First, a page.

I tried using your code in this example and had different results to yours. And after tweaking some indentation I found that you might have added an extra indentation on the “return false” line giving it different Boolean expressions that I had mentioned above. But if tweaked to be the right format it would return True and True because there is at least one word that is longer than required.

If you are still confused I can give an example.

Hope this helps!

A link to the exercise would be good to have. Please post it if you can find it again.

2 solutions in driggzzz inital question return different results because in his code he creates a list within a list and then calculates with len() not the length of the words, but the length of the inside list (which is more than 2 in both exercise examples).

I mean:

``````def x_length_words(sentence, x):
words = []
words.append(sentence.split())
for word in words:
if len(word) in words >= x:
return True
return False
``````

Here {words} equals [[string1, string2, string3 & etc.]], and not [string1, string2, string3 & etc.] like in Solution. Iterating through {words} with len() would count len() of words’ single element (inside list) and logically return quantity of elements ({strings}) in this list, not their own length.

Therefore different results.

Hello everybdoy, after I wrote this code I got true for “print(x_length_words(“i like ii”, 4))”. But when I change the return true and return false with each other, it gives me the correct answer which is false. Is there any way to do this correct with the code mine as below? Or you say, for value returns first true or false when it founds even just 1 ?

wrong one (mine)

``````def x_length_words(sentence, x):
words = sentence.split()
for word in words:
if len(word) >= x:
return True
return False

true one:
def x_length_words(sentence, x):
words = sentence.split()
for word in words:
if len(word) < x:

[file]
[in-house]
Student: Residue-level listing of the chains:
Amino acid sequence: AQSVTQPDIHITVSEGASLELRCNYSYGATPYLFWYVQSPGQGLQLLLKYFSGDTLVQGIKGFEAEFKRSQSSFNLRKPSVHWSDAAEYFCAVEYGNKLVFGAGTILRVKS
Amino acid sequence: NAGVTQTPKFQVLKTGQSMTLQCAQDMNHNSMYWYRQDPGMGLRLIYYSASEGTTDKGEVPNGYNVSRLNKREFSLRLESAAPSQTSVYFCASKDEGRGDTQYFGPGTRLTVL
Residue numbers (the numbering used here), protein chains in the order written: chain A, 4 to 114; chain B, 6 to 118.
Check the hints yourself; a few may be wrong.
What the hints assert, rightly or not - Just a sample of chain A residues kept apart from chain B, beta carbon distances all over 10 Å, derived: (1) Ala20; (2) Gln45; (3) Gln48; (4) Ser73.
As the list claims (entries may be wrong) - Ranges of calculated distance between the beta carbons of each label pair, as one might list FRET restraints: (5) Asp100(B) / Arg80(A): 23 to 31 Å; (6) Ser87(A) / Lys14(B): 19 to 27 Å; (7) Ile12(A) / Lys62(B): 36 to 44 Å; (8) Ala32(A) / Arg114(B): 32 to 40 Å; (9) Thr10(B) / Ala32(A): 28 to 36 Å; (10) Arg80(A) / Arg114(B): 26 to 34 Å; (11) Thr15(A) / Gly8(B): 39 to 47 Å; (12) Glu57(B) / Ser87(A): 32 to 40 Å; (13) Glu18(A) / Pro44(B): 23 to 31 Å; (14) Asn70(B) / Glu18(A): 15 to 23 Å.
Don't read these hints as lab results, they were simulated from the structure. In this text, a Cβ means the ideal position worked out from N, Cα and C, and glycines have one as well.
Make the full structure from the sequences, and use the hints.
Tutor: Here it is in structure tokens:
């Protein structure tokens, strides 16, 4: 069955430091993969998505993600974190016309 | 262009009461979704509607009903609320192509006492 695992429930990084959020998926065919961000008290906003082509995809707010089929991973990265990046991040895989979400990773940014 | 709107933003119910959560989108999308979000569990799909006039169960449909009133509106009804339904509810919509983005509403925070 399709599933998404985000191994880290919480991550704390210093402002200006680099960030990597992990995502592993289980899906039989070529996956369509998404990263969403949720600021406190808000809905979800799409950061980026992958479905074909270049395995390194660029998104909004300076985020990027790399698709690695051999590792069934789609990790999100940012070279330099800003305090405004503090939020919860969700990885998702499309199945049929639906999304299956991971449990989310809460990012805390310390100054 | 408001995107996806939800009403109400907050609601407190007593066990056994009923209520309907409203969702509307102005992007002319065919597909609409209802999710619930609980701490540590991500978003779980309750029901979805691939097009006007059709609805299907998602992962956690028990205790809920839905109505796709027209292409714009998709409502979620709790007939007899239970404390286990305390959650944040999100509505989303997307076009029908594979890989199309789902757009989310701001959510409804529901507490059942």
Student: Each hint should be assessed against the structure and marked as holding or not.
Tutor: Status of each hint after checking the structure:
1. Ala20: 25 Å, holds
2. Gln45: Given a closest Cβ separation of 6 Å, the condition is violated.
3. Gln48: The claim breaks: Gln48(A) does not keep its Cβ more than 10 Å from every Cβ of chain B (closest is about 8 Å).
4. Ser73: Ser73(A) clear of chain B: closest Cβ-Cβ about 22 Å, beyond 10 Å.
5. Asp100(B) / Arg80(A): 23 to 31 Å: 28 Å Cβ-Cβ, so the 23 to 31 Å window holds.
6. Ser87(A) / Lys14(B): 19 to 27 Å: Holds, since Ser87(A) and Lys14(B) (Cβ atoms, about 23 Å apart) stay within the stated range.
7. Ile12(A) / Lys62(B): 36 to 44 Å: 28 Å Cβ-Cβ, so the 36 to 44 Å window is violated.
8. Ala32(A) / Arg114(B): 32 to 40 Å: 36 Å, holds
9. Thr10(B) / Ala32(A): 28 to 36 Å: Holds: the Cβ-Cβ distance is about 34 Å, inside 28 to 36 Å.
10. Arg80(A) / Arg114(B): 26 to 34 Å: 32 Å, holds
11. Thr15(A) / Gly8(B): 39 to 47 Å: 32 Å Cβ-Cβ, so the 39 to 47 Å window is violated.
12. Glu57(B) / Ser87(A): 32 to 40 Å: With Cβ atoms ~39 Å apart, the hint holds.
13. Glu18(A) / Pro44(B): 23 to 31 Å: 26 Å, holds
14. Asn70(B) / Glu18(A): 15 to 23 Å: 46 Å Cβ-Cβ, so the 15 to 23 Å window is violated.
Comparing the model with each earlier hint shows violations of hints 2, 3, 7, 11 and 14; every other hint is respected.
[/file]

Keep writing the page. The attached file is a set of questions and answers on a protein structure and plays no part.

return False
return True``````

Since we cannot see how your code in indented (which, in Python, is an essential part of the code), we cannot comment without guessing as to your meaning. Please edit, and use the </> icon in the menubar of the box you are typing in to preserve Python format.

Thank you for reminding, that was my first post. You can check it now

1 Like

Ah! Much better!

Remember that return does two things:

1. It returns a value to the calling statement.
2. It halts processing of the function. Once return is reached one time, the function is done.

That means that, in your version, as soon as the first word of length greater than or equal to x is found, the function returns True and halts. “Abercromby is a nice store” would return True for x = 5.

Now, you could come up with a way to count up all of the words that pass and then compare that number with the length of the split sentence, but when you stop and think about it, since only one short word is all it takes to make the function return False, the “true one” above is much more concise and to the point.

1 Like

We have been beckoning the posters in this thread to provide a link to the exercise so we have some context within which to work out our reasoning and logic. Please, somebody, post a link to the exercise. Thanks.

What is the objective of this function? To see that all words are of a specific length? Or that all words are less than a specific length, or that all words are greater (or equal) to a specific length?

Yes, that one. Here’s the link

Question: Why could the Wiki-Bot FAQ’s generator not include the link?

1 Like